Writing well over 2000 years ago, Aristotle answered Plato, whose Republic advocated a form of socialism, thusly:
What is common to the greatest number gets the least amount of care. People pay most attention to what is their own: they care less for what is common; or, at any rate, they care for it only to the extent to which each is individually concerned. Even when there is no other cause for inattention, people are more prone to neglect their duty when they think that another attending to it . . .
The Republic advocated that women and children also be common property. What Aristotle wrote about sons applies to other things, as well:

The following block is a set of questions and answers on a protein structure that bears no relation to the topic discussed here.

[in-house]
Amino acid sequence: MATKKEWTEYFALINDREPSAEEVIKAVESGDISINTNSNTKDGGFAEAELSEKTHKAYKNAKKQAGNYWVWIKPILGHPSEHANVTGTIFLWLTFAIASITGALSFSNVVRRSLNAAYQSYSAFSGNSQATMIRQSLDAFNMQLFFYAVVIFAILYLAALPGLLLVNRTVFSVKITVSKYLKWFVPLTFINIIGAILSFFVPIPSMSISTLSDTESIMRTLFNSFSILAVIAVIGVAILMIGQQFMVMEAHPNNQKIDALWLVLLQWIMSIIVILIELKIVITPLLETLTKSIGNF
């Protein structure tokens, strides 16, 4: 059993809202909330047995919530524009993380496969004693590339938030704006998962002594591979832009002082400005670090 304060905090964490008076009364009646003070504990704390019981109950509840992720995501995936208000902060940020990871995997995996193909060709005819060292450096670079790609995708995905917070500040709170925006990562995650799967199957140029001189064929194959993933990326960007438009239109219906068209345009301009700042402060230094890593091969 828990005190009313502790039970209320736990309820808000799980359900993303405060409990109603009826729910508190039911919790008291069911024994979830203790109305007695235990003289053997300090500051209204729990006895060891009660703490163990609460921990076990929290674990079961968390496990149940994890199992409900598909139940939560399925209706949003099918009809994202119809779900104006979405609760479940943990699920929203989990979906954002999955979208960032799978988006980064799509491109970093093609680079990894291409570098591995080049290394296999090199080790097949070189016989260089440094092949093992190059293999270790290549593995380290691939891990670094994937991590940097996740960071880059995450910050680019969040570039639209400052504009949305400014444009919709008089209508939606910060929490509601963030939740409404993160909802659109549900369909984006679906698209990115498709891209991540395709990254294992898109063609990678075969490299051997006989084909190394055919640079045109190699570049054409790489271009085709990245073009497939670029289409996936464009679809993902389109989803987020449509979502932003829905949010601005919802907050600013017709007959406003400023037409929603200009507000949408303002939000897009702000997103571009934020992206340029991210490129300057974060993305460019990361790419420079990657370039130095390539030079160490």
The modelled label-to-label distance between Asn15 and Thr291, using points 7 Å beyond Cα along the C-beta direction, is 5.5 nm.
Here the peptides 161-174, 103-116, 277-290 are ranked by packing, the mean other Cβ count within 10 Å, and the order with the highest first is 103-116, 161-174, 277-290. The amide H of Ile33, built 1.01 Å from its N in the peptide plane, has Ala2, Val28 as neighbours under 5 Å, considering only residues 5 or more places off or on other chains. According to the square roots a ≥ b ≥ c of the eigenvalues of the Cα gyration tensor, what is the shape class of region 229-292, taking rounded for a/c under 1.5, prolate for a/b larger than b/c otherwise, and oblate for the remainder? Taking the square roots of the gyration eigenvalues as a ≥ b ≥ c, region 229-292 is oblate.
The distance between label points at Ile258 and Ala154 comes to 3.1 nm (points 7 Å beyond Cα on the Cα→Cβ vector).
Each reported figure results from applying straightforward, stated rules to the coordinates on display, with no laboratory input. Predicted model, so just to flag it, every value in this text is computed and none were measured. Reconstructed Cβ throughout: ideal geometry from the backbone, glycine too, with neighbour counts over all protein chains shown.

[Under the plan of The Republic] each citizen will have a thousand sons; they will not be the sons of each citizen individually; any son whatever will be equally the son of any father whatever. The result will be that all will neglect all.
In other words, the word “son” loses its meaning when abused in this fashion. The same is true of the concept of property.
Aristotle is right. We love the particular, not the general. Good philosophies of government will recognize that and will thus operate on a human scale as much as possible. Socialism fails in that regard and thus loses all the non-coercive power of simple affection and care.